Westminster plans office conversion clamp down

Reports that a central London borough is planning to introduce new rules to prevent office space being lost to housing feature in today's newspaper round-up.

The Financial Times (subscription required) reports that Westminster City Council is to clamp down on housing developers in an effort to protect Britain's biggest concentration of economic activity. The newspaper reports that developers wanting to convert offices into homes in the central London borough must replace the space with offices in the area, according to a council plan.

The Times (subscription required) reports that councils have resorted to buying back homes they sold off at a discount at full market value to combat the burgeoning housing crisis. According to the newspaper, local authorities have sold off 20,000 homes under the government's Right to Buy scheme since 2012 but built only 5,000 to replace them. The newspaper says that at least nine local authorities are repurchasing at a loss homes that they sold off at a discount, while many other authorities are looking to approve a "buy back" policy.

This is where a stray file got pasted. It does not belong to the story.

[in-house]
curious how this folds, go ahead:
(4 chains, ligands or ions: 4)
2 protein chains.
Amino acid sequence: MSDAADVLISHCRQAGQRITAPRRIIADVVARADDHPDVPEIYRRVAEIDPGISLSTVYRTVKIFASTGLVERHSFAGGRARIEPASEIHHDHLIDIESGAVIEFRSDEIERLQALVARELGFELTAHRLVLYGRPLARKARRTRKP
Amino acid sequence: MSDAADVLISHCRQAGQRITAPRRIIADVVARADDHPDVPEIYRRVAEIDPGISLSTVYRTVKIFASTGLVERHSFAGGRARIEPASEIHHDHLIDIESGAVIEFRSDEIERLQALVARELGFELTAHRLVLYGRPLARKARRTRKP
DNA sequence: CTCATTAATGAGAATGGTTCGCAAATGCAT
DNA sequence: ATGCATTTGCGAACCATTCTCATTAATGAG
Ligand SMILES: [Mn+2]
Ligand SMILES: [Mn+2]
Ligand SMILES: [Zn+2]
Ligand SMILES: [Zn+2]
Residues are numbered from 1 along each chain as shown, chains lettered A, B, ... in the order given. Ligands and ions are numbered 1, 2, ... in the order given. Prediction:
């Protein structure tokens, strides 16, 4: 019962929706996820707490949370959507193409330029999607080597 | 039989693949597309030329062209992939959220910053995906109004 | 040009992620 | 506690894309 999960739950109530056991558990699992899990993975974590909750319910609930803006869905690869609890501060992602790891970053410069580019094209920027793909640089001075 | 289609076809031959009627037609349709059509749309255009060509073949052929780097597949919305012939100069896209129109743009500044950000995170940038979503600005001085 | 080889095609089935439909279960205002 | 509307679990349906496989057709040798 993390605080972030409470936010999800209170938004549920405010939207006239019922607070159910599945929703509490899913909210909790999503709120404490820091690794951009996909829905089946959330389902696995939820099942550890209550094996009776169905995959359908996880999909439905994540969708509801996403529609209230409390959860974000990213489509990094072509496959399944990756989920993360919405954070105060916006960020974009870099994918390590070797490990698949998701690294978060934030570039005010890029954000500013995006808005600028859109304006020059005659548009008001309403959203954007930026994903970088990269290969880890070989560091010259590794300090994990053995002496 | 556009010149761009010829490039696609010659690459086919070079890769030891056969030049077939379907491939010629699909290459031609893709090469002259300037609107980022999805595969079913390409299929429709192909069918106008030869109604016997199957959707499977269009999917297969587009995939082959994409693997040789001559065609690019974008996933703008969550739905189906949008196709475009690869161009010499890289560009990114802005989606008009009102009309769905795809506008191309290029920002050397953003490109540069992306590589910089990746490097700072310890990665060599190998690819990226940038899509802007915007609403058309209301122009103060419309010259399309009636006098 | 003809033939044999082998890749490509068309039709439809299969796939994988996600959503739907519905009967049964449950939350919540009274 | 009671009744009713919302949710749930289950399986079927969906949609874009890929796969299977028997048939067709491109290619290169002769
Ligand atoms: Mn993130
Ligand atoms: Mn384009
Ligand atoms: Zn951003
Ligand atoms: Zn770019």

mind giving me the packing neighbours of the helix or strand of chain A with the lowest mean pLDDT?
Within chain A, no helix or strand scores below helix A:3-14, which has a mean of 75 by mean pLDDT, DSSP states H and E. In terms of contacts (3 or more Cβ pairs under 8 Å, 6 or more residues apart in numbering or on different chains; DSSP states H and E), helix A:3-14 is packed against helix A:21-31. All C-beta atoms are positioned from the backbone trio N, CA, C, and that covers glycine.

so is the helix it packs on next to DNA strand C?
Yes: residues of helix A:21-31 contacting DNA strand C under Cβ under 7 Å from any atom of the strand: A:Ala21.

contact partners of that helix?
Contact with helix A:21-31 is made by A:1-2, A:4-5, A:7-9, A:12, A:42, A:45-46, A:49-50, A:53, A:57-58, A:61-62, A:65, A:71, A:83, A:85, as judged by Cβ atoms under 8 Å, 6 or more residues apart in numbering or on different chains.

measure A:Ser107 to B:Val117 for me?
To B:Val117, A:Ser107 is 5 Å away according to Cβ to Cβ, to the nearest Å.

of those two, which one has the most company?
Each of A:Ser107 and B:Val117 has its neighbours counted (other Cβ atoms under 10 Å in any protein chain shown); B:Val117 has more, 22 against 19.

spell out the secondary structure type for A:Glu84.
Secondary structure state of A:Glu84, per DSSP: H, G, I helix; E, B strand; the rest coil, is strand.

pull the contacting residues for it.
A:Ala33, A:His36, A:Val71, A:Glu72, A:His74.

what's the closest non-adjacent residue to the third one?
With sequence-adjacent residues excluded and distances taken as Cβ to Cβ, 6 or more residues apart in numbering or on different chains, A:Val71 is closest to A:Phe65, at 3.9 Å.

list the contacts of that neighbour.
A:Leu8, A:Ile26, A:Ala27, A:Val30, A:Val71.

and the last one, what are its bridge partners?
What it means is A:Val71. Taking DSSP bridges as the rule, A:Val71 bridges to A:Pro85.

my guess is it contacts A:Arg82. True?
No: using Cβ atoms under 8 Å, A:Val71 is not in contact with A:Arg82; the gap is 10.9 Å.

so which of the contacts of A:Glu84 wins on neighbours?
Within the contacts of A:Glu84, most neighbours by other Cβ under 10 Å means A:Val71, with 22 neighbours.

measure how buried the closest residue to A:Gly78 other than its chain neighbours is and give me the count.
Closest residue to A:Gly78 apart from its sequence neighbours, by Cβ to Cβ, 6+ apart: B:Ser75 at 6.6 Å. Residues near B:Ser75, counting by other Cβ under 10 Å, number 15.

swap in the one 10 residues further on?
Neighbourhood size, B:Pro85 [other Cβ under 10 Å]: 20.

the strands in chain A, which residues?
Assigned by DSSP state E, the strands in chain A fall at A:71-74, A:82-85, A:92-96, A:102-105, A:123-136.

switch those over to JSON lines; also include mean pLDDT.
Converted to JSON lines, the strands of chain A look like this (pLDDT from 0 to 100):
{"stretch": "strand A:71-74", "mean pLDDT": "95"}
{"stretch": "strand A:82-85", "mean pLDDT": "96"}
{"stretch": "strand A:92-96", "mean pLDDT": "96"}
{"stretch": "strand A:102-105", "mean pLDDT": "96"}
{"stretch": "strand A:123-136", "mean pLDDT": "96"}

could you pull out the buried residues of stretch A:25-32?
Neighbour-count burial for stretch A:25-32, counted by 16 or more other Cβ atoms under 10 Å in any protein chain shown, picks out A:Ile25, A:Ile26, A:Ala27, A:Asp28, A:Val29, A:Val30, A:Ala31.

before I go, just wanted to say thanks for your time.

The Independent reports that the debate debate over Thomas Heatherwick's proposed Garden Bridge has intensified as it emerged officials at St Paul's Cathedral have registered a furious complaint that it would spoil views of Sir Christopher Wren's famous dome. According to the newspaper, the cathedral's "Surveyor to the Fabric" claimed that the "expensive and controversial" project would have "irreversible impacts on some of the most iconic views of St Paul's".

The Guardian reports that air pollution in Beijing, China, is forcing children to play beneath closed domes. According to the newspaper, the British School of Beijing is the latest of the city's international colleges to build an artificial bubble to simulate a normal environment beneath the "cloak of smog". "Beijing's air quality has long been a cause for concern, but the effects of its extreme levels of pollution on daily life can now be seen in physical changes to the architecture of the city," the newspaper reports.


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